Decades of abuse from Submission Wrestling, Jiu-Jitsu, Muay Thai, Jeet Kune Do, Close Quarters Combat, and numerous car crashes has left my back, neck, and knees in a constant contest of “who hurts the worst today”. Recently on my search to find more relief than just chiropractic care (thanks to the fine folks at La Grange Chiropractic, by the way), I began taking occasional ice baths after my workouts. This seemed to eliminate a great deal of the inflammation in my body, but buying 40 pounds of ice three times per week was getting cost and time prohibitive. Buying a ready to go cold plunge was also out of the question, as the price tag starts at around $4k – $5k. So, I sat out to build my own cold plunge for under $1,000. Here’s what I’ve got so far.
The Benefits of Cold Therapy
You may be wondering what all the fuss is about, so here are some of the many benefits that a cold plunge provides.
- It boosts your immune system!
- It Reduces inflammation
- It improves the cardiovascular system
- It helps with weight loss
- It helps improve mood and battle depression
- It helps alleviate arthritis
Building a DIY Cold Plunge
Like I said, I started this cold therapy journey with just cold showers. They worked for a while, but I had to upgrade to an inflatable pool filled with ice. These are both pretty cheap options, so I wanted to
keep this project as close to that side of cheap as I could. I started with was a 14.1 cubic feet freezer and a pond liner from Lowes.
I simply put the pond liner in, trimmed and taped it off with Gorilla Tape, and filled the freezer with water. I caught the freezer on a deal from Best Buy and paid less than $500 with free delivery. They even unpacked it and placed the unit where I wanted. The pond liner was $50-$70, I think. I lost the receipt, so I’m not able to remember precisely. I went with the liner, because I didn’t want to fool with sealing all the seams inside the freezer. Freezers are not designed to hold water. You have to seal all of the seams with JB Water Weld or epoxy to protect the inner workings of the freezer. Even then, you run the risk of having a leak. I figure having a liner is a much safer and easier option. Maybe even cheaper, as I know that JB Water Weld can be quite costly.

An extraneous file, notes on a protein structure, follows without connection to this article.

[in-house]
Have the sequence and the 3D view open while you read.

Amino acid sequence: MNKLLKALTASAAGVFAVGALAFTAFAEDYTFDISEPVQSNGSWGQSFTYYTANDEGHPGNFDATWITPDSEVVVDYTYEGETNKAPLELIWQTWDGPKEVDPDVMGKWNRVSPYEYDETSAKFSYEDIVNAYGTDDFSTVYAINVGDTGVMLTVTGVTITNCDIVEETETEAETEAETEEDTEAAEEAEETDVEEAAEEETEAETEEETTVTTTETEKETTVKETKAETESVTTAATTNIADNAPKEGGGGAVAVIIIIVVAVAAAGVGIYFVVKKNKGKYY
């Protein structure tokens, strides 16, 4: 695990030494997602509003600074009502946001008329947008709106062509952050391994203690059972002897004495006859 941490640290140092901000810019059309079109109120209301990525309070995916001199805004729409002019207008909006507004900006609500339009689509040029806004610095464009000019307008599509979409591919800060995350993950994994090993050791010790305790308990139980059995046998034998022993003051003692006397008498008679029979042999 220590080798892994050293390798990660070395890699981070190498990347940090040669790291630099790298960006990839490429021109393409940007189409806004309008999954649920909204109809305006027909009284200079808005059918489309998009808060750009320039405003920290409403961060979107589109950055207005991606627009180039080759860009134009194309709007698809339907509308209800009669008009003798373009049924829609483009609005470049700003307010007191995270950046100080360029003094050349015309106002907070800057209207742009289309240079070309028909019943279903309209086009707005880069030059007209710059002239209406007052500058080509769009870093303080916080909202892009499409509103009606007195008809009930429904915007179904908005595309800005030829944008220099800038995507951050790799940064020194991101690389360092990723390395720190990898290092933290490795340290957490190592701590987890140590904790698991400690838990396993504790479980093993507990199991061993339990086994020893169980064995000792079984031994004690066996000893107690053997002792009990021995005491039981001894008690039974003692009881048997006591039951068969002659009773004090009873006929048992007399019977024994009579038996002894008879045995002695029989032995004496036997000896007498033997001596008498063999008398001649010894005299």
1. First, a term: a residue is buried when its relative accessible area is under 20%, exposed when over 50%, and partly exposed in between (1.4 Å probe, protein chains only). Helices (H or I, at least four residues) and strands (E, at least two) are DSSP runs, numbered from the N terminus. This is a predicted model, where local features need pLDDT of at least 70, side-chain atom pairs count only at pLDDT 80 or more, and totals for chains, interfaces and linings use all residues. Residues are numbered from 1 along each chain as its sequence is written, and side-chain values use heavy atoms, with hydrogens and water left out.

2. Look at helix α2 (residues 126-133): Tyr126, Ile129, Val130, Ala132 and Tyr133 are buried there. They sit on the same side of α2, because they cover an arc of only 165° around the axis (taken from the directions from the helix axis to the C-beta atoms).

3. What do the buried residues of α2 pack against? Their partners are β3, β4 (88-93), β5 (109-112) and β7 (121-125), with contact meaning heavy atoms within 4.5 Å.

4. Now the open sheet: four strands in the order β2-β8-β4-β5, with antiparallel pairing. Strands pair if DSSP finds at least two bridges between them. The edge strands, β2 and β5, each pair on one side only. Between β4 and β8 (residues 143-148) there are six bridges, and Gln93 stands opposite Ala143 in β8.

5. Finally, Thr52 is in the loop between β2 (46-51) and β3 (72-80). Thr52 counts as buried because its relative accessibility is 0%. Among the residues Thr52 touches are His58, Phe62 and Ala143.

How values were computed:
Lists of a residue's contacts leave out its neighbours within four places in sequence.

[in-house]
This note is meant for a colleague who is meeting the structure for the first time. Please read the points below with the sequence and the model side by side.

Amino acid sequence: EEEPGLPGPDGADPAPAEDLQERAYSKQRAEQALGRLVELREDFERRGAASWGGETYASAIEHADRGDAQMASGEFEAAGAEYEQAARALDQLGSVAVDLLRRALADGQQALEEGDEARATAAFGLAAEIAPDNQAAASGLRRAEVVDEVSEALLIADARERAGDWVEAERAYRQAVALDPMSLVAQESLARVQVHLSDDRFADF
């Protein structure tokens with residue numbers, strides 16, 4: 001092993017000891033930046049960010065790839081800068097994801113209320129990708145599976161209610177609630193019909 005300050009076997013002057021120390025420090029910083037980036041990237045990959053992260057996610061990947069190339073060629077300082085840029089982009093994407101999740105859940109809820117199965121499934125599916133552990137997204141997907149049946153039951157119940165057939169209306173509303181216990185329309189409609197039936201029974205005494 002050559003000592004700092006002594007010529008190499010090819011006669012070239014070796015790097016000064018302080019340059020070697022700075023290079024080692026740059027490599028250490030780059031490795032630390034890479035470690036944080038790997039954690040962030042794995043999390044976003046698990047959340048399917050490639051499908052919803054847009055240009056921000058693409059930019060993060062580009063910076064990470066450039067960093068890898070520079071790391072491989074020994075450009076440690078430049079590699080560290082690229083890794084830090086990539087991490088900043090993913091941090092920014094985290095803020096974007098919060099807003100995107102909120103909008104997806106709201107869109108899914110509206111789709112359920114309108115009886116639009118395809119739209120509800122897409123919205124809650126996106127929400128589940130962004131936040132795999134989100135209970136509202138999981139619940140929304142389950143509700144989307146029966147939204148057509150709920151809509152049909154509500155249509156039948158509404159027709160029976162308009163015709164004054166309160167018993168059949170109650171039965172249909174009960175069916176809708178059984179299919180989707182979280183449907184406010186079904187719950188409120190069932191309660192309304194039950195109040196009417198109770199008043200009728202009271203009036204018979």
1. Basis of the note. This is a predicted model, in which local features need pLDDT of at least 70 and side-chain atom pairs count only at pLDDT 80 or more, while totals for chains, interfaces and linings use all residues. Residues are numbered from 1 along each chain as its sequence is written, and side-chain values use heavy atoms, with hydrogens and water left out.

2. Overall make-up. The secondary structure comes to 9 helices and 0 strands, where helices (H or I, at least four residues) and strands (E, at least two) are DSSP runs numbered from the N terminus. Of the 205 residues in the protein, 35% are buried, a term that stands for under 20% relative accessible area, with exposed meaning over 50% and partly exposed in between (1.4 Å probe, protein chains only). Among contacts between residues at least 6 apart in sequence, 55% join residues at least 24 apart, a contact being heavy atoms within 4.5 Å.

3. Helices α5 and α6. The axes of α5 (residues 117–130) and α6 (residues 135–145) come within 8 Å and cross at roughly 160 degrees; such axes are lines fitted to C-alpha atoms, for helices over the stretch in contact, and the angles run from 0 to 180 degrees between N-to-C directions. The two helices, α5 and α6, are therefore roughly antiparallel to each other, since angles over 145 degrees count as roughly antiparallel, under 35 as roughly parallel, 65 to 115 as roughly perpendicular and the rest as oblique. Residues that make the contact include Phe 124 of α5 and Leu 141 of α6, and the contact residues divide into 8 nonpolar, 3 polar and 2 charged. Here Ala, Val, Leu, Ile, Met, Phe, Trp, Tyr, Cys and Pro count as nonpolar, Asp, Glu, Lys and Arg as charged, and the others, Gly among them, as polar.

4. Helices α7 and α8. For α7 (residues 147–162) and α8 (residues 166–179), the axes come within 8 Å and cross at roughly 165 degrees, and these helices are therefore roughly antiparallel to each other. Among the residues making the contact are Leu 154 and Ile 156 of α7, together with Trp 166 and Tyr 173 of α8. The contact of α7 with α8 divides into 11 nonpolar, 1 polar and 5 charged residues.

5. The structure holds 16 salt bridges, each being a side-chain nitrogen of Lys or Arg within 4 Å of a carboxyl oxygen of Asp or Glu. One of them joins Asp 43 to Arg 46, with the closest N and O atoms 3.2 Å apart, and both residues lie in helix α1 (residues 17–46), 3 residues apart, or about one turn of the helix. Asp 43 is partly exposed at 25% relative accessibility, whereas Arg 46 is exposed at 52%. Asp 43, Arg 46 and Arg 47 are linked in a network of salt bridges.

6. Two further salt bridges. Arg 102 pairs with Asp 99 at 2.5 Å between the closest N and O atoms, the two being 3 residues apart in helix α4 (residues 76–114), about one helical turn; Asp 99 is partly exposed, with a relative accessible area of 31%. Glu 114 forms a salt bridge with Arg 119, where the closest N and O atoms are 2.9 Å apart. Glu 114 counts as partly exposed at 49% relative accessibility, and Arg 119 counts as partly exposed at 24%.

I then added a bag of Epsom Salt and some hydrogen peroxide to keep the water clean. This worked for only a short while, though. Even if you get in the shower right before you plunge, your body will release oils into the water. This kind of creates a biological goo/slime that gets on the sides of the freezer. This happens in spas and pools also. So, I decided to add a few items to my DIY cold plunge to keep the water cleaner.
The first thing I added was an ozone generator. An ozonator purifies the water, killing off bacteria and algae. Using one eliminates the need to use high dosages of
chemicals in the water. I also added a large aquarium filter that helps keep debris like hair from staying in the water and creating even more opportunities for bacteria to take over. I didn’t go overboard on either one of these pieces of equipment. The ozonator is around $100 and the large pool filter was less than $30. The filter is simple, you just snap it apart and rinse the sponge filters under running water in your sink.